I am not familiar with this particular model, but the 2017/18 Ion 12; has a feature to prevent the brake from inadvertently coming down while skinning, or auto rotating due to snow build up. When you turn the heel to the tour position, it will click down (when pressured), locking the heel from turning,. when you want to turn the heel to the ski position, you need to pull up on the heel. This change could have been better communicated by G3.

  27. Lou Dawson 2 March 29th, 2018 10:48 am

    I guess I’ve got too many old bindings kicking around here (smile). Thanks Bar

  28. Bar Barrique March 29th, 2018 11:23 am

    No problem, I have learned a lot from yourself, and, the other posters on this site for somewhere around 20 years.

  29. George March 29th, 2018 12:03 pm

    Thank you Bar and Lou! This is something, but – this movement is also present in ski mode, and it is very annoying… Do you experience this in ski mode?

  30. Bar Barrique March 29th, 2018 1:37 pm

    Hi George; I don’t own a set of these (Ion 12) bindings. A friend of mine got a set in the fall, and, it took some sleuthing to figure out what was going on, as the dealer was not aware of this new feature. Eventually my friend found a video on the G3 website that described this feature. It is possible that your bindings do have a problem. I wonder whether forcing the binding to turn without pulling up on the heel piece could cause some wear in the mechanism.





Anti-Spam Quiz:

 

While you can subscribe to comment notification by checking the box above, you must leave a brief comment to do so, which records your email and requires you to use our anti-spam challange. If you don't like leaving substantive comments that's fine, just leave a simple comment that says something like "thanks, subscribed" with a made-up name. Check the comment subscription checkbox BEFORE you submit. NOTE: BY SUBSCRIBING TO COMMENTS YOU GIVE US PERMISSION TO STORE YOUR EMAIL ADDRESS INDEFINITLY. YOU MAY REQUEST REMOVAL AND WE WILL REMOVE YOUR EMAIL ADDRESS WITHIN 72 HOURS. To request removal of personal information, please contact us using the comment link in our site menu.
If you need an emoticon for a comment just copy/paste off the following list, or use text code you might be familiar with.

:D    :-)    :(    :lol:    :x    :P    :oops:    :cry:    :evil:    :twisted:    :roll:    :wink:    :!:    :?:    :idea:    :arrow:   
  
Due to comment spam we moderate most comments. Please do not submit your comment twice -- it will appear shortly after approval. Comments with one or more links in the text may be held in moderation, for spam prevention. If you'd like to publish a photo in a comment, contact us. Guidelines: Be civil, no personal attacks, avoid vulgarity and profanity.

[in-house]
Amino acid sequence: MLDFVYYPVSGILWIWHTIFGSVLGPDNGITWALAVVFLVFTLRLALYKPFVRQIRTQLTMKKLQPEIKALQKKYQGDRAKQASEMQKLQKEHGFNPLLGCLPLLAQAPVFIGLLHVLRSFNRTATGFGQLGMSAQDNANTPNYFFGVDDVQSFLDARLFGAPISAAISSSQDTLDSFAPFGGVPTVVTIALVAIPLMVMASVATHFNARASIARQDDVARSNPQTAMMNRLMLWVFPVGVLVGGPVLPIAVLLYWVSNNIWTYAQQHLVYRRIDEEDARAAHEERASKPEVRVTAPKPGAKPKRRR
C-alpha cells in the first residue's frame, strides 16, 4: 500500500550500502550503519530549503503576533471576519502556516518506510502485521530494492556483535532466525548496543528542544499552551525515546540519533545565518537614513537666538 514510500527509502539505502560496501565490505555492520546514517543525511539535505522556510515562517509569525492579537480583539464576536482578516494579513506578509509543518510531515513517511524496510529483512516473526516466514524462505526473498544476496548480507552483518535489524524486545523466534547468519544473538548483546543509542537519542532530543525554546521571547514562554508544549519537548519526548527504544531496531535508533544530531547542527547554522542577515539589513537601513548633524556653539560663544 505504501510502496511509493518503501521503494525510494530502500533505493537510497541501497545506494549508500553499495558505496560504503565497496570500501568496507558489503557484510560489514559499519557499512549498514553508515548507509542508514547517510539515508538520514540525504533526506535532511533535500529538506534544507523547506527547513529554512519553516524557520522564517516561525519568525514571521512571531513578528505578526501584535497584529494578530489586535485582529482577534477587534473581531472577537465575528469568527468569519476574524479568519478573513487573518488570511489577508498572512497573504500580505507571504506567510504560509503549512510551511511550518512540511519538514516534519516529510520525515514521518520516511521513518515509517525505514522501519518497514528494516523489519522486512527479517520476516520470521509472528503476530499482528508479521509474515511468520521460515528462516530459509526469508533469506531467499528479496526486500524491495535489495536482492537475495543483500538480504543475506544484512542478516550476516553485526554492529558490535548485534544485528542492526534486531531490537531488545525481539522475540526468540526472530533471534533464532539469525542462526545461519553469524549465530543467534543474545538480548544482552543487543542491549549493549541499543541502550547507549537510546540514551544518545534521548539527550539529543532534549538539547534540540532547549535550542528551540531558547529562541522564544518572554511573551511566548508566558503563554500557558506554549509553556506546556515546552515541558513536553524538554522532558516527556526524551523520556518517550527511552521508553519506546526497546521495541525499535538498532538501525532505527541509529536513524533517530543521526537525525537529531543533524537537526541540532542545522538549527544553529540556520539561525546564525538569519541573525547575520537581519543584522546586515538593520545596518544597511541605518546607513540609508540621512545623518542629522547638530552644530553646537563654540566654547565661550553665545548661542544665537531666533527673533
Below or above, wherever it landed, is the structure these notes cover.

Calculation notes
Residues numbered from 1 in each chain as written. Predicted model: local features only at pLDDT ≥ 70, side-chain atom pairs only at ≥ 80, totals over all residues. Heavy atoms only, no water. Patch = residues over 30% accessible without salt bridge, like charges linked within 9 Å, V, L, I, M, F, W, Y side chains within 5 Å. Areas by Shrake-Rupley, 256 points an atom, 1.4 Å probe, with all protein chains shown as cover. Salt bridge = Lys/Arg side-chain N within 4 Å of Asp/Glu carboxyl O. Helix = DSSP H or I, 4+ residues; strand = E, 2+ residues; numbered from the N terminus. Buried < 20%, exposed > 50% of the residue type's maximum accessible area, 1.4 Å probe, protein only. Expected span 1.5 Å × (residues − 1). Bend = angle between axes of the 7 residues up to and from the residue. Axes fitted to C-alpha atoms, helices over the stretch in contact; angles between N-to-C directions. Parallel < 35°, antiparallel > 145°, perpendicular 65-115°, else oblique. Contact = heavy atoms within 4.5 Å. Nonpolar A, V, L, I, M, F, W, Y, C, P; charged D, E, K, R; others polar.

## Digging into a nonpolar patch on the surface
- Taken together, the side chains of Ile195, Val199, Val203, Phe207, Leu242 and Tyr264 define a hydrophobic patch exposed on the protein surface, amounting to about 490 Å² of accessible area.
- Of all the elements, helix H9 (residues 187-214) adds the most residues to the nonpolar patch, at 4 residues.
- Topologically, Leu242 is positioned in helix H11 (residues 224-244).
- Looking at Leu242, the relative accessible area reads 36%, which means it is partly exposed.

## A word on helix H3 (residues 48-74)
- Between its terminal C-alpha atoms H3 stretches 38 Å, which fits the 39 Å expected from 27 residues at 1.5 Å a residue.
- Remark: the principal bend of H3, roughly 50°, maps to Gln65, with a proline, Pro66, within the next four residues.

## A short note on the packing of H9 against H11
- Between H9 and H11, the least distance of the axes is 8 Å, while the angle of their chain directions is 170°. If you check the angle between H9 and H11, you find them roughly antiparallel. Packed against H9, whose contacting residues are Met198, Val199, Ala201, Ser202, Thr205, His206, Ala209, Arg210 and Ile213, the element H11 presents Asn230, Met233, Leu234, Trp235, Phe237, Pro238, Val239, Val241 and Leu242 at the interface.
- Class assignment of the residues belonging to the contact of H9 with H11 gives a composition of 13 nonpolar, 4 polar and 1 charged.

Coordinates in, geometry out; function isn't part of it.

Your Comments


  Recent Posts




Facebook Twitter Email Instagram Youtube

WildSnow Twitter Feed



 



  • Blogroll & Links


  • Welcome to Louis (Lou) Dawson's backcountry skiing information & opinion website. Lou's passion for the past 50 years has been alpinism, climbing, mountaineering and skiing -- along with all manner of outdoor recreation. He has authored numerous books and articles about ski touring and is well known as the first person to ski down all 54 of Colorado's 14,000-foot peaks, otherwise known as the Fourteeners! Books and free ski touring news and information here.

    All material on this website is copyrighted, the name WildSnow is trademarked, permission required for reproduction (electronic or otherwise) and display on other websites. PLEASE SEE OUR COPYRIGHT and TRADEMARK INFORMATION.

    We include "affiliate sales" links with most of our blog posts. This means we receive a percentage of a sale if you click over from our site (at no cost to you). None of our affiliate commission links are direct relationships with specific gear companies or shopping carts, instead we remain removed by using a third party who manages all our affiliate sales and relationships. We also sell display "banner" advertising, in this case our relationships are closer to the companies who advertise, but our display advertising income is carefully separated financially and editorially from our blog content, over which we always maintain 100% editorial control -- we make this clear during every advertising deal we work out. Please also notice we do the occasional "sponsored" post, these are under similar financial arrangements as our banner advertising, only the banner or other type of reference to a company are included in the blog post, simply to show they provided financial support to WildSnow.com and provide them with advertising in return. Unlike most other "sponsored content" you find on the internet, our sponsored posts are entirely under our editorial control and created by WildSnow specific writers.See our full disclosures here.

    Backcountry skiing is dangerous. You may be killed or severely injured if you do any form of ski mountaineering, skimo randonnee and randonnée skiing. The information and news on this website is intended only as general information. Due to human error and passing time, the information, text and images contained within this website may be inaccurate, false, or out-of-date. By using, reading or viewing the information provided on this website, you agree to absolve the owners of Wild Snow as well as content contributors of any liability for injuries or losses incurred while using such information. Furthermore, you agree to use any of this website's information, maps, photos, or binding mounting instructions templates at your own risk, and waive Wild Snow owners and contributors of liability for use of said items for ski touring or any other use.

    Switch To Mobile Version